Looking for that Elusive "Killer Chord Progression?"

by Gary Ewer, From “The Essential Secrets of Songwriting” website:

Songwriters often go looking for the elusive “killer chord progression”. It doesn’t really exist. Not because there aren’t great chord progressions out there, but more because chords don’t just work on their own. How good a set of changes is depends on what else is going on in the song. An otherwise great progression can be killed by lyrics that are distractingly bad, or by a flawed melody.

There are things you need to know, however, about chord progressions. I like to think of them as being in two basic categories: strong and fragile.And in my opinion, the best songs out there use both types.

You can look at progressions on the “micro” level, which is to say how one chord moves to the next one. And you can look at them on the “macro” level – the overall strength of an entire set of chords. A strong progression is the kind where the key is being quite strongly suggested. For example, progressions where the bass note moves up four notes or down five are often strong. So, at least on the micro level, the following chords go together to form strong progressions:

C7  F
G7  C
Em  Am

When two chords share a same note, this also can strengthen a progression. So C moving to F is strong, because both chords contain the note C.

But don’t forget about fragile progressions. They give music a sense of creativity. A fragile progression does not strongly suggest any one particular key. For example, the following could be categorized as somewhat fragile, because it’s not clear what key is being emphasized:

Dm  Em  Dm  Bdim

And some progressions are in the middle… with characteristics of both strong and fragile. In general, you’ll find that fragile progressions work well in verses, while strong progressions work well in choruses. Also, coupled with this is the observation that chorus melodies should use more of the tonic (key) note than verses.

You may not have thought about chord progressions much in this way before, but it’s really worth the time to analyze your songs’ progressions. Once you’ve categorized them according to strength in this way, you’ll discover that it’s not so much the killer chord progression you should be looking for, but the “killer approach” to chord progressions.

If you want to read more about how to solve your songwriting woes, get Gary’s suite of 5 songwriting e-books. Right now, purchase the bundle of 5 at almost 50% off. Click here to learn more..

-Gary Ewer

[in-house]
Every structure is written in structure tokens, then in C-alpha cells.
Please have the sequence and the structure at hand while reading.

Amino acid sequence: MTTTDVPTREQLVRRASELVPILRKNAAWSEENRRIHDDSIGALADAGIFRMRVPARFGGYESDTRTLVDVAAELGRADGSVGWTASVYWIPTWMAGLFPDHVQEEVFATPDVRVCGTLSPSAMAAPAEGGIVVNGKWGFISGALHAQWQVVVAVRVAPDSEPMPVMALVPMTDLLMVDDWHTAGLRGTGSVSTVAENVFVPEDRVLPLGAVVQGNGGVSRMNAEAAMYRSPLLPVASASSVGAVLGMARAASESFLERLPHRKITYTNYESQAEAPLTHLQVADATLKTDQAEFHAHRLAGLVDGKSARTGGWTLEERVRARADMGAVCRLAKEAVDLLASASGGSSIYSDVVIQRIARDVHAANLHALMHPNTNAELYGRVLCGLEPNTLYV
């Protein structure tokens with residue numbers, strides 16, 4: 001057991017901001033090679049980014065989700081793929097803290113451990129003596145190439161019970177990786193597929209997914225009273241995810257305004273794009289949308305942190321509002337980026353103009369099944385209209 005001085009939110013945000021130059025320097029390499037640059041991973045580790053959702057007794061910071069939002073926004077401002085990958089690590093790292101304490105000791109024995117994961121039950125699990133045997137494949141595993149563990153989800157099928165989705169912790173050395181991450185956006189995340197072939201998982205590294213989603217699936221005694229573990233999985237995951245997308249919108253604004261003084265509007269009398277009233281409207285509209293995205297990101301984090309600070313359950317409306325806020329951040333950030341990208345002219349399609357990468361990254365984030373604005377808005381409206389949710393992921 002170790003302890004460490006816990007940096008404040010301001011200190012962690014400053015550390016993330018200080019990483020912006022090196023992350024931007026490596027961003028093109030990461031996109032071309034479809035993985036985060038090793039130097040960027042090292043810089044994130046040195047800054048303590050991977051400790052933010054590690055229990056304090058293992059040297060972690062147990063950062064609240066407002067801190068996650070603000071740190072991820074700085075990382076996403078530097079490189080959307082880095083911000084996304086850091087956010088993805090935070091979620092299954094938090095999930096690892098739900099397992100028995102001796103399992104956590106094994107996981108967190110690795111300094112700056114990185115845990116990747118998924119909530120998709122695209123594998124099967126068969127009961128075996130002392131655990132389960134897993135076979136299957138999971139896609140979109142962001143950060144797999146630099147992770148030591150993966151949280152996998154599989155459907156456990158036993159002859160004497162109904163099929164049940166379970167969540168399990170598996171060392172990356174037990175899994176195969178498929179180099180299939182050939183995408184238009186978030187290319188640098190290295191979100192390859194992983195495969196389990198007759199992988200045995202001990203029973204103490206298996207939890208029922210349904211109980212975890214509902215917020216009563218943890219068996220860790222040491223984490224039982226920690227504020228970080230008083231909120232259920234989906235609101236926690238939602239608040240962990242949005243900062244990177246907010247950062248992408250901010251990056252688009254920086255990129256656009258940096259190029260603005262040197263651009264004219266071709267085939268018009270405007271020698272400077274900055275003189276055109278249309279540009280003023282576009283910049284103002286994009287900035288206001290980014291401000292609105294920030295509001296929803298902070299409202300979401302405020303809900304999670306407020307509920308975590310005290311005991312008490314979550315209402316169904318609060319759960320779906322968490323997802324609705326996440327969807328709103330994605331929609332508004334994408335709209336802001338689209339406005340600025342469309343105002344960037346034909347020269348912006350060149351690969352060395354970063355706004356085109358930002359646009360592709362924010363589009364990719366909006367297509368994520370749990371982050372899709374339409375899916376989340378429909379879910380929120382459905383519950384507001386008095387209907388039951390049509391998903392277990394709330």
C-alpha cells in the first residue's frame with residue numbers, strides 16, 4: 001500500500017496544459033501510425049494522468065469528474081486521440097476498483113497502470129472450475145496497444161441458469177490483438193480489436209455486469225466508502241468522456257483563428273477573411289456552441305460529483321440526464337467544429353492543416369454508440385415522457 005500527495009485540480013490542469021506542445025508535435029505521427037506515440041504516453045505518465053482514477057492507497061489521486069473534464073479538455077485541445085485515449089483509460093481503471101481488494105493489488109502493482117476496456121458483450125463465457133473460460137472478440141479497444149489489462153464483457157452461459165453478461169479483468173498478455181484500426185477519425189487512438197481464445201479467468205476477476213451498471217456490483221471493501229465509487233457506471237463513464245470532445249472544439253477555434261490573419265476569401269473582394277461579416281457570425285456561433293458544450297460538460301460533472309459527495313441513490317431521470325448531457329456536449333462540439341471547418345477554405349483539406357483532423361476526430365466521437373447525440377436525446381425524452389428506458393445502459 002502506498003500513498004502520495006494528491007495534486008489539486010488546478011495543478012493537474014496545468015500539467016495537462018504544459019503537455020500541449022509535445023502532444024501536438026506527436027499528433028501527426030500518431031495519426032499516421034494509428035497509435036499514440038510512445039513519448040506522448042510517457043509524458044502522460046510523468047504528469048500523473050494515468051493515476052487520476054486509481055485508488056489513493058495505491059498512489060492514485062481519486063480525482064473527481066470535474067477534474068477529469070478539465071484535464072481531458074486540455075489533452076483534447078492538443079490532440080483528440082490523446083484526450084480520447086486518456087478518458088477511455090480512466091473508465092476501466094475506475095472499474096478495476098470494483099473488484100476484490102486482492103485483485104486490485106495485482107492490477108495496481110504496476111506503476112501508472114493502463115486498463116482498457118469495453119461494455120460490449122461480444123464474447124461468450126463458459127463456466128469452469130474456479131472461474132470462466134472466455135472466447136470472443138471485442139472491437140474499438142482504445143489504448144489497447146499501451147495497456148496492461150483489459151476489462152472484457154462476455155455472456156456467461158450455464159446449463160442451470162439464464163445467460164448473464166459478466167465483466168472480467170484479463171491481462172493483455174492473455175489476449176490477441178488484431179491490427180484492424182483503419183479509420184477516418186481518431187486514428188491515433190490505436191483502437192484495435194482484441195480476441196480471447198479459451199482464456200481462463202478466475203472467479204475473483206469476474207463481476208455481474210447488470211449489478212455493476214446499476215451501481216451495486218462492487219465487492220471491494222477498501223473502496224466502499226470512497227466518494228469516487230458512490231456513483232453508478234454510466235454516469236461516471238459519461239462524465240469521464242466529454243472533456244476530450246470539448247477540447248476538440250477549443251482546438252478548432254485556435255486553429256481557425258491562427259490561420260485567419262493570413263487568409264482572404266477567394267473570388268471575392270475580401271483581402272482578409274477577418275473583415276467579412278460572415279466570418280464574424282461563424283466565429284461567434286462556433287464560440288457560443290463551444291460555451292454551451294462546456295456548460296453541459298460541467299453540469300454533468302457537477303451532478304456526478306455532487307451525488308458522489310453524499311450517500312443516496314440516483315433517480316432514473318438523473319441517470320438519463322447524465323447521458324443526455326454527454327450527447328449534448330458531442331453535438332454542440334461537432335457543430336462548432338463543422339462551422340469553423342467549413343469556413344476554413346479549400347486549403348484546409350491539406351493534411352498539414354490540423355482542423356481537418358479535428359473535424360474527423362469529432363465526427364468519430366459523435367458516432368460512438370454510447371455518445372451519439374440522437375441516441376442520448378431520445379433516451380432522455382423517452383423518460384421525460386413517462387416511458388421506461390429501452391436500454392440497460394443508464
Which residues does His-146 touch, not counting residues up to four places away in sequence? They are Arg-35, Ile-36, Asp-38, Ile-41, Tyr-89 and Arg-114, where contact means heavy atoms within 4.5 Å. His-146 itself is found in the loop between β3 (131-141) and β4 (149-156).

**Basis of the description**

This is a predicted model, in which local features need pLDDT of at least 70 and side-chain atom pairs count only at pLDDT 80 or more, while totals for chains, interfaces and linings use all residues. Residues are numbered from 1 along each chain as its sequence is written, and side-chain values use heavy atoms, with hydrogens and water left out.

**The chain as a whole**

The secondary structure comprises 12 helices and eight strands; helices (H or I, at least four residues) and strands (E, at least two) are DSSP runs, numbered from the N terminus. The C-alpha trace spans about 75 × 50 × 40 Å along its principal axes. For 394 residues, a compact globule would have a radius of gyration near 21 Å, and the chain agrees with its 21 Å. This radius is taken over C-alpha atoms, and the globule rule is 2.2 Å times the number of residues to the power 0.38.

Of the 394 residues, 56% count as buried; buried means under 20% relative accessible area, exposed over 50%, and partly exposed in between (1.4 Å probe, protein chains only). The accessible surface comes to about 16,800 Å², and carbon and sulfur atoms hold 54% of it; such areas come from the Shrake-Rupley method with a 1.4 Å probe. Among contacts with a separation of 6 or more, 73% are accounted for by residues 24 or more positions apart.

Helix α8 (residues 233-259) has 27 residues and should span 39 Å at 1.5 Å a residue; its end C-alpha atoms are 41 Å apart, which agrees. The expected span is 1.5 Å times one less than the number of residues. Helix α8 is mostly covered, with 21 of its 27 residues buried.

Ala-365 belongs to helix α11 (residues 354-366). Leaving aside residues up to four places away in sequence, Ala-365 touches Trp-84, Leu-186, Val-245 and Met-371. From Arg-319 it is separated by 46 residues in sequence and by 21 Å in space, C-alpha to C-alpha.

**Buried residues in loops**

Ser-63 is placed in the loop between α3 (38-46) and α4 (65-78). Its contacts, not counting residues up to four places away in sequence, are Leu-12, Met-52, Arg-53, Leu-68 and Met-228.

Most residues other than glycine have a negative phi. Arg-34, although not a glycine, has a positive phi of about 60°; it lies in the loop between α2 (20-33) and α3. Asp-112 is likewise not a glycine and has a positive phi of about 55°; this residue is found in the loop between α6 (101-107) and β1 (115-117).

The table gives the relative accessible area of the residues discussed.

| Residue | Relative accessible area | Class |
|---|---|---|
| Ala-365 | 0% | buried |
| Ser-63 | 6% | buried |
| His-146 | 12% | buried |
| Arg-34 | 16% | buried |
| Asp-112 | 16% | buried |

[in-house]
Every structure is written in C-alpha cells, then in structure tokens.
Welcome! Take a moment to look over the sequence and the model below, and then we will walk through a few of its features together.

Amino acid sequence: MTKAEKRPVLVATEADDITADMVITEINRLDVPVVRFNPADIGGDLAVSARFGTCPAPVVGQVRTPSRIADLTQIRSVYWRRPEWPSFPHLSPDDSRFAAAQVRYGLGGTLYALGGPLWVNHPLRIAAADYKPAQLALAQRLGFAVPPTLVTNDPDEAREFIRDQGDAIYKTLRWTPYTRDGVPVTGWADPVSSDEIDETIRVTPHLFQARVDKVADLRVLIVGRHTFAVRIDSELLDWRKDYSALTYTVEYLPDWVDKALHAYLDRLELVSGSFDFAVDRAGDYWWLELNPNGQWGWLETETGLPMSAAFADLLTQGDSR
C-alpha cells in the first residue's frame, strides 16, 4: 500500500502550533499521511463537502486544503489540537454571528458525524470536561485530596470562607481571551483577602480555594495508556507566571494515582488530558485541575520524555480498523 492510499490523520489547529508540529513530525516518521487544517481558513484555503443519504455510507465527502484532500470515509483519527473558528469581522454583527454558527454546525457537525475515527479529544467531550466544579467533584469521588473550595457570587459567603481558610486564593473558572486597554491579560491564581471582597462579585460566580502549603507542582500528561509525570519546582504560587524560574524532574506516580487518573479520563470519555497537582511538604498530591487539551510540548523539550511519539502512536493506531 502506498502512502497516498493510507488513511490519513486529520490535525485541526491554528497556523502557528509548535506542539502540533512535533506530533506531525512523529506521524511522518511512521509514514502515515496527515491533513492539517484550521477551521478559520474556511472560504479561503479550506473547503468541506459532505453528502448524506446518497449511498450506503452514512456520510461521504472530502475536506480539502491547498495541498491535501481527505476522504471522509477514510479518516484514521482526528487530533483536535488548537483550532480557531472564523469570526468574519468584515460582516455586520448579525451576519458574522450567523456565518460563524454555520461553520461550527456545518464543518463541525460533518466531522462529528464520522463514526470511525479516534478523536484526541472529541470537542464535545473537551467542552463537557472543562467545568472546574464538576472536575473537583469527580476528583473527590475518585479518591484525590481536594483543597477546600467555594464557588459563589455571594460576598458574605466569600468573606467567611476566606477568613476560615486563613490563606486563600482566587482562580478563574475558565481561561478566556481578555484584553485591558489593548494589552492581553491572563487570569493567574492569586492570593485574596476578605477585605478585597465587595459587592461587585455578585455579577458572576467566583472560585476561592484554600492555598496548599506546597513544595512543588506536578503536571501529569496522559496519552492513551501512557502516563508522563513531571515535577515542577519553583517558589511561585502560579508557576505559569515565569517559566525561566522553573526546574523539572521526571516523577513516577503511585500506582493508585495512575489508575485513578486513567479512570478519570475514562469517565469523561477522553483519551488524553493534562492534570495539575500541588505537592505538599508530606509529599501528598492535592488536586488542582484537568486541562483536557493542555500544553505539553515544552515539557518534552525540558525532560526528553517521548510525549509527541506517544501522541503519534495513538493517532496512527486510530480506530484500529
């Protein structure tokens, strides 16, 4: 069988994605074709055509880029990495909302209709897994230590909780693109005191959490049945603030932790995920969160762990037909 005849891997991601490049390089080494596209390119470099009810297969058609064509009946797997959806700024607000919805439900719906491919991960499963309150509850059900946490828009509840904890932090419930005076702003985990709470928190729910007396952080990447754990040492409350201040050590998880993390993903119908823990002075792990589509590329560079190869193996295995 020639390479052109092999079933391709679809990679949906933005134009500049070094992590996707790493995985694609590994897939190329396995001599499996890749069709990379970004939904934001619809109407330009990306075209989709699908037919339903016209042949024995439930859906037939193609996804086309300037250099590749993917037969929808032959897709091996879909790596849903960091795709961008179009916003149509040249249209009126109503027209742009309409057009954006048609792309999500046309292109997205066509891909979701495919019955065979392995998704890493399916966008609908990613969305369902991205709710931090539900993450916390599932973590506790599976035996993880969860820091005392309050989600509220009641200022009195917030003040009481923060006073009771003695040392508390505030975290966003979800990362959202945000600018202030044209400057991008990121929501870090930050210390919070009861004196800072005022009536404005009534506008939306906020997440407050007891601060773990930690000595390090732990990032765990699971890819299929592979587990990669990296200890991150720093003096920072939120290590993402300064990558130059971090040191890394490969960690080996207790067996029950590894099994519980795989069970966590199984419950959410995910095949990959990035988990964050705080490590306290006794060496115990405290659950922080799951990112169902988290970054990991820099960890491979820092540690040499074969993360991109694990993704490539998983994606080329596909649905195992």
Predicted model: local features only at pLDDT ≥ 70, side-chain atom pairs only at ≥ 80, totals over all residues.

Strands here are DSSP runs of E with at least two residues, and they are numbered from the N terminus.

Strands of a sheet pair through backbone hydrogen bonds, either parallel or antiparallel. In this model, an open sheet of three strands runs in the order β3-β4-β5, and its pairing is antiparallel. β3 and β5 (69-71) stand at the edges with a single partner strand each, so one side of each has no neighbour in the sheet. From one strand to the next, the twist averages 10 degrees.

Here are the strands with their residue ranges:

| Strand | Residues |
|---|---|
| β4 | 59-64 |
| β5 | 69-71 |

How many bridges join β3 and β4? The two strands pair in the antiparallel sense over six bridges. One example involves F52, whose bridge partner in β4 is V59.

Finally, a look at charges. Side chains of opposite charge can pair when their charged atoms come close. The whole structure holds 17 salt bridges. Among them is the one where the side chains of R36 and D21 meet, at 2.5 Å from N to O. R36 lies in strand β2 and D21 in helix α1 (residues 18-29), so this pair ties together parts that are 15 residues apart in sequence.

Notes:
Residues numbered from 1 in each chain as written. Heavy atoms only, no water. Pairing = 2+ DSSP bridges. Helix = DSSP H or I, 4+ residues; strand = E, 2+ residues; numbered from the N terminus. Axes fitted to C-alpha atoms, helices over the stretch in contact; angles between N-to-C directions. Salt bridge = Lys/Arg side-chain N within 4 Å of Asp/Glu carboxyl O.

Posted in Chord Progressions, songwriting and tagged , , , , , .


  1. regarding older people writing songs to a younger generation .Remember a band called milli vanilli ,they were all older people who recorded and produced that song.

  2. While it’s true that they share 3 notes, I’d still describe it as somewhat fragile, for this reason: A strong progression strongly implies a key, and the strongest ones are the chords that imply *one* key. For example, G7 to C is about as strong as it gets, because C major is really the only key that it points to. For the progression F#m to Dmaj7, the roots are a 3rd away from each other, which pulls it away from being very strong. And those two chords could exist in D major, but also A major. For that reason, I would say that it has more fragile than strong qualities.

  3. Hello Gary, how would you describe a chord change like F#m to Dmaj7. Strong or fragile or somewhere in between, because they share 3 common notes (F#, C# and A) and a D in the Dmaj7.

  4. You make a GREAT point here… “Not because there aren’t great chord progressions out there, but more because chords don’t just work on their own.”

    Simple fact is, in western music, there are only 12 notes. There are only so many combinations of these notes, and you simply will never come up with something that hasn’t already been used at least once.

    I like to think of it like writing a book. Every author has the same alphabet, and in very basic terms, the same vocabulary from which to draw… but the ability to tell a story is not contingent on finding NEW words, or even combinations of words. I believe writing music is no different. We are story tellers… and the listener (in most cases) can tell if we have put any emotion into the piece, or if we simply endeavored to create the “killer hook”, as they say.

    Once again, good information.

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